The theme for this year’s World Teacher’s Day is “Teachers at the heart of education recovery.” In Kenya, the celebrations took place at the Kenya Institute of Curriculum Development (KICD).
Globally, the international celebrations were opened by Unesco Director-General Audrey Azoulay.
Other speakers were Henrietta Fore of Unicef, Guy Ryder of the International Labour Organization, and David Edwards of Education International (EI).
In a joint statement, the officials said: “On World Teachers’ Day, we are not only celebrating every teacher. We are calling on countries to invest in them and prioritise them in global education recovery efforts so that every learner has access to a qualified and supported teacher. Let’s stand with our teachers.”
But even as the TSC led Kenyans in celebrating the teachers, questions have emerged whether the ordinary Kenyan teacher is happy.
One-and-a-half years into the Covid-19 pandemic, teachers have been at the centre of plans to recover lost time. This has resulted in pressure due to a revised learning programme.
Adherence to Covid-19 protocols and keeping children safe at school are responsibilities placed on the shoulders of teachers as countries work to contain the virus.
The demands of the Competency-Based Curriculum (CBC) have also thrust teachers at the centre of new reforms that come with heightened expectations.
Part of these include continuous refresher training, adjusting to new teaching ways that put the learner at the centre of learning, and an assessment plan that puts them at the centre of children’s progression.
Kenya Union of Post Primary Education Teachers National Chairman Omboko Milemba said the teachers were unhappy.
“As we celebrate, we shall be looking up to the employer to bring good news to make teachers smile even for a short while,” said Mr Milemba.
The union boss said Covid-19 had killed many teachers, especially heads and deputies. “And again, because of the pandemic, we have been forced to sign a non-monetary CBA.”
Milemba said the move towards 100 per cent transition had also expanded classrooms yet the government had not employed extra teachers. “And many teachers have stagnated in some job groups without proper promotions,” he added.
On the issue of teachers’ professional development (TPD), Milemba said teachers were not happy to pay for training. “We plead with MPs to approve budget to allow government pay for the teachers. The benefits of teaching are to all, and they are not allowed to do private practice as other professionals do.” Kenya National Union of Teachers Secretary General Collins Oyuu said the union would continue to advocate for teachers, even in hard times.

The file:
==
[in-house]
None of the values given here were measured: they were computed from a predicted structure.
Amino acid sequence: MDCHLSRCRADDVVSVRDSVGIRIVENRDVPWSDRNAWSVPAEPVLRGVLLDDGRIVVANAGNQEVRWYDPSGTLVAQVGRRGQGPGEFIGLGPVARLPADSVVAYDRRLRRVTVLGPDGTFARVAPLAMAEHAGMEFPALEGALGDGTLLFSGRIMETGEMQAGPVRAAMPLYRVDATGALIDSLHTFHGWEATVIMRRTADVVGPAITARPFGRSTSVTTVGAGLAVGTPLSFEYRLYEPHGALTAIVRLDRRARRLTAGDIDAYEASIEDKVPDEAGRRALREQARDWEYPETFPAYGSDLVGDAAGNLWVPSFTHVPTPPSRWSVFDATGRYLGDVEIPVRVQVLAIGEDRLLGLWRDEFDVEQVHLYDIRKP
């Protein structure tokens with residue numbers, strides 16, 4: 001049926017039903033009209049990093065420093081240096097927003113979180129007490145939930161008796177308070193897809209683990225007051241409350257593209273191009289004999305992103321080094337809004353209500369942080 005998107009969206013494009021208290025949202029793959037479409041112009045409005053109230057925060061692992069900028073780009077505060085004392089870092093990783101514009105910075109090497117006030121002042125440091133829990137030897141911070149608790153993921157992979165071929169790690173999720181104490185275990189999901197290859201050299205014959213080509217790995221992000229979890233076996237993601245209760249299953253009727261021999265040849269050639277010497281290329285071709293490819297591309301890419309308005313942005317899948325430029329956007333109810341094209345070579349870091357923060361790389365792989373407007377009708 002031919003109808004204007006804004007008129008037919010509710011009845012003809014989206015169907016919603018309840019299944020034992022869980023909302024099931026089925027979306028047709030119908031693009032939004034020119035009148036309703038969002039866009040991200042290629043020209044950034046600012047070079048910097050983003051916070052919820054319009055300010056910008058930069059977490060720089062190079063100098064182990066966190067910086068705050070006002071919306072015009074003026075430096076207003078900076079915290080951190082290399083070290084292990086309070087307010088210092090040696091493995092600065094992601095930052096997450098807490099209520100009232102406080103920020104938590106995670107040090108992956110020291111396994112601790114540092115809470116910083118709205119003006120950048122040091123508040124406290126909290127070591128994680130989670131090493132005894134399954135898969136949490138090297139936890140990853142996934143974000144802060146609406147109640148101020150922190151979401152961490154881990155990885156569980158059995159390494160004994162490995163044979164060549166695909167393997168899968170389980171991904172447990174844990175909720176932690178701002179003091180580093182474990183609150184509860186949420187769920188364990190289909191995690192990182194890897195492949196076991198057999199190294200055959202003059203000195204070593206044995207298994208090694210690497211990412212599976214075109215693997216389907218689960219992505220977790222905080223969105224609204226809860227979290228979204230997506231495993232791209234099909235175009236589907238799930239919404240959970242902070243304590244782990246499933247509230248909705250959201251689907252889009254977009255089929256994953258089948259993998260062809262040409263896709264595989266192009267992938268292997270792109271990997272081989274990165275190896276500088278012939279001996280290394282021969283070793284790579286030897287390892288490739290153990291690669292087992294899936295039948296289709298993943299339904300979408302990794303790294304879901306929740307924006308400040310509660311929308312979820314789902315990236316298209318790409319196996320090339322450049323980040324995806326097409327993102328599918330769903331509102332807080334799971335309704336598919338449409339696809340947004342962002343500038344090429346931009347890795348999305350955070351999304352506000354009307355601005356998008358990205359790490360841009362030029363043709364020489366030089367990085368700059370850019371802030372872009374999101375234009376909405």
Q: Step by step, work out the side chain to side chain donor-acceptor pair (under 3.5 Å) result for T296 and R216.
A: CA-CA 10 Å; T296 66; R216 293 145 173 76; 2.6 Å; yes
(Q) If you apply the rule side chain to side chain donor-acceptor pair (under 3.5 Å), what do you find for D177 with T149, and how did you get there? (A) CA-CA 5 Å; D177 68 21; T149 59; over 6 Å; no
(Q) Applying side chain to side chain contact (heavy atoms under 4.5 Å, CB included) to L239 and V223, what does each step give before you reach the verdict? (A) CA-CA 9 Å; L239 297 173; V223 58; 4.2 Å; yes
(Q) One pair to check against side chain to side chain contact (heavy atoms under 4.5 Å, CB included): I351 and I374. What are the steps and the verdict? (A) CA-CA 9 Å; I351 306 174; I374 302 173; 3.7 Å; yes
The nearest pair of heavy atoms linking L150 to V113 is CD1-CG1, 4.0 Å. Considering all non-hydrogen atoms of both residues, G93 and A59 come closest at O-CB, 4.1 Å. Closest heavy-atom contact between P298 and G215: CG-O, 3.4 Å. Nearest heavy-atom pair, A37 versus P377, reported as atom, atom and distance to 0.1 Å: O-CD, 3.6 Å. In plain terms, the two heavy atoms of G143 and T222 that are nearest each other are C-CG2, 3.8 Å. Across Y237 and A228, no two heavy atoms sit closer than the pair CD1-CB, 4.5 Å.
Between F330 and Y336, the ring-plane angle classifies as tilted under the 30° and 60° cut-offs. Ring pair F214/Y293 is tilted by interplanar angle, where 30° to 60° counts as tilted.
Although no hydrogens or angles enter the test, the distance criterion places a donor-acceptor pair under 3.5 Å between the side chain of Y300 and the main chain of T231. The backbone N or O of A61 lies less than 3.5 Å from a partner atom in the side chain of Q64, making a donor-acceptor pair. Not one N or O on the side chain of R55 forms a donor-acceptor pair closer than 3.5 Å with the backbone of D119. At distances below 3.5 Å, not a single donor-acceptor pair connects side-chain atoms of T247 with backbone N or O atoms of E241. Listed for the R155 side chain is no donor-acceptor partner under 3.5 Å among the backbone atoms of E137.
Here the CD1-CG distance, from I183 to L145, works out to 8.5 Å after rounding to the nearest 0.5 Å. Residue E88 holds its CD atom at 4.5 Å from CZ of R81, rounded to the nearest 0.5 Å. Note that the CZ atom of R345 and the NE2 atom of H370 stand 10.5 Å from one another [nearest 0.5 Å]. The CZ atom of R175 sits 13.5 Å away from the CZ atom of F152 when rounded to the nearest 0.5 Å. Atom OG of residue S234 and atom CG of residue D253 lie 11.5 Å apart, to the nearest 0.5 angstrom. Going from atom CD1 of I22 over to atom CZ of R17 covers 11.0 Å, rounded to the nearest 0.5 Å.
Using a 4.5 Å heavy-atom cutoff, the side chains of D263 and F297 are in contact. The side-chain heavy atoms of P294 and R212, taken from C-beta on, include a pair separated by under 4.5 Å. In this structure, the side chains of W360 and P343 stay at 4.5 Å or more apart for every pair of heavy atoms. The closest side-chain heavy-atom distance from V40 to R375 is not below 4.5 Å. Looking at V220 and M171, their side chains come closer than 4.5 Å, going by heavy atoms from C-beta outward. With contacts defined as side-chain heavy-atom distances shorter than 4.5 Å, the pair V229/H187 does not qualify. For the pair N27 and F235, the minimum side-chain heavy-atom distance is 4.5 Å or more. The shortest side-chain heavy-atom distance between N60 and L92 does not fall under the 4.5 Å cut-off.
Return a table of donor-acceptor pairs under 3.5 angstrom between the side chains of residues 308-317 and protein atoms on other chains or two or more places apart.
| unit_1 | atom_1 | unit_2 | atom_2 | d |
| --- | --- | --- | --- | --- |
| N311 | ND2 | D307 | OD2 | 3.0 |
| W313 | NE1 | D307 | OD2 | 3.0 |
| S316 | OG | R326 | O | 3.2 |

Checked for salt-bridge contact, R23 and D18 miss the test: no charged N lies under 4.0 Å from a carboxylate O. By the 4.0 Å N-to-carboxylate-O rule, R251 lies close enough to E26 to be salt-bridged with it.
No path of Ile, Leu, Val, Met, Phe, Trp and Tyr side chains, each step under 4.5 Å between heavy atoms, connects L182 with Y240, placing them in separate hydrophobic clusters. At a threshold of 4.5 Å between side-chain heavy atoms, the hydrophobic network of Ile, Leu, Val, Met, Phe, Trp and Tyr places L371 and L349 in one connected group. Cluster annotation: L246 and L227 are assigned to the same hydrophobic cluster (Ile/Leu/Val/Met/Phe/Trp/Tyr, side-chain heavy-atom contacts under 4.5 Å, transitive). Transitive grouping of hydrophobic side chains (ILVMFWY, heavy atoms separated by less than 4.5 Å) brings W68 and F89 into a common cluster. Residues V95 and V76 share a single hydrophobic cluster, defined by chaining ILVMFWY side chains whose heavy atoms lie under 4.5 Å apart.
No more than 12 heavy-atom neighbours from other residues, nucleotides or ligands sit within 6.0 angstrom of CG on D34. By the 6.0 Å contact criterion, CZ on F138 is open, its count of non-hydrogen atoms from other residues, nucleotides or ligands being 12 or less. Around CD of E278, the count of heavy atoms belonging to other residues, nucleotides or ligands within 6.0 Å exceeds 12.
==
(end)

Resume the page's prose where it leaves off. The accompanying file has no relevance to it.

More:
“We cannot leave teachers alone. For example, our concerns on TPD are on age brackets for module coverage and the payments for the same,” said Mr Oyuu.
“If we signed a CBA without a monetary component, we must also advocate they do not pay. We must balance to cushion teachers, and this is a solution-driven movement.”
Multiple interviews with teachers in public schools reveal depressed employees who are feeling the pressure to improve performance even as their salaries will remain unchanged for the next four years.
“The fact that unions agreed to sign a non-monetary collective bargaining agreement has been a major setback for teachers countrywide,” said a primary school teacher in Nairobi. “It is depressing to expect too much from teachers yet their welfare is put on the back-burner.”
Other teachers said their self-esteem had been dented by criticism on their competence, and the insinuation that they were not well trained to handle CBC classes without undergoing fresh training.
“Everywhere we walk we carry the banner of less prepared, less trained and incompetent teacher because everyone says so. This has to change,” said a teacher. Others who spoke cited transfers and a delocalisation strategy that has seen some of them separated from their families.
“Some teachers have sunk into depression and their families grown weary, yet the work environment is not conducive for effective service delivery,” said a teacher.
Some secondary school tutors said that promotions have not favoured those in Job Group C3, who form 60 per cent of the teacher population.
They argued that teachers have stagnated in this job group for over 20 years. And in cases where some were promoted to senior teachers, it only attracted a salary increment of Sh2,000.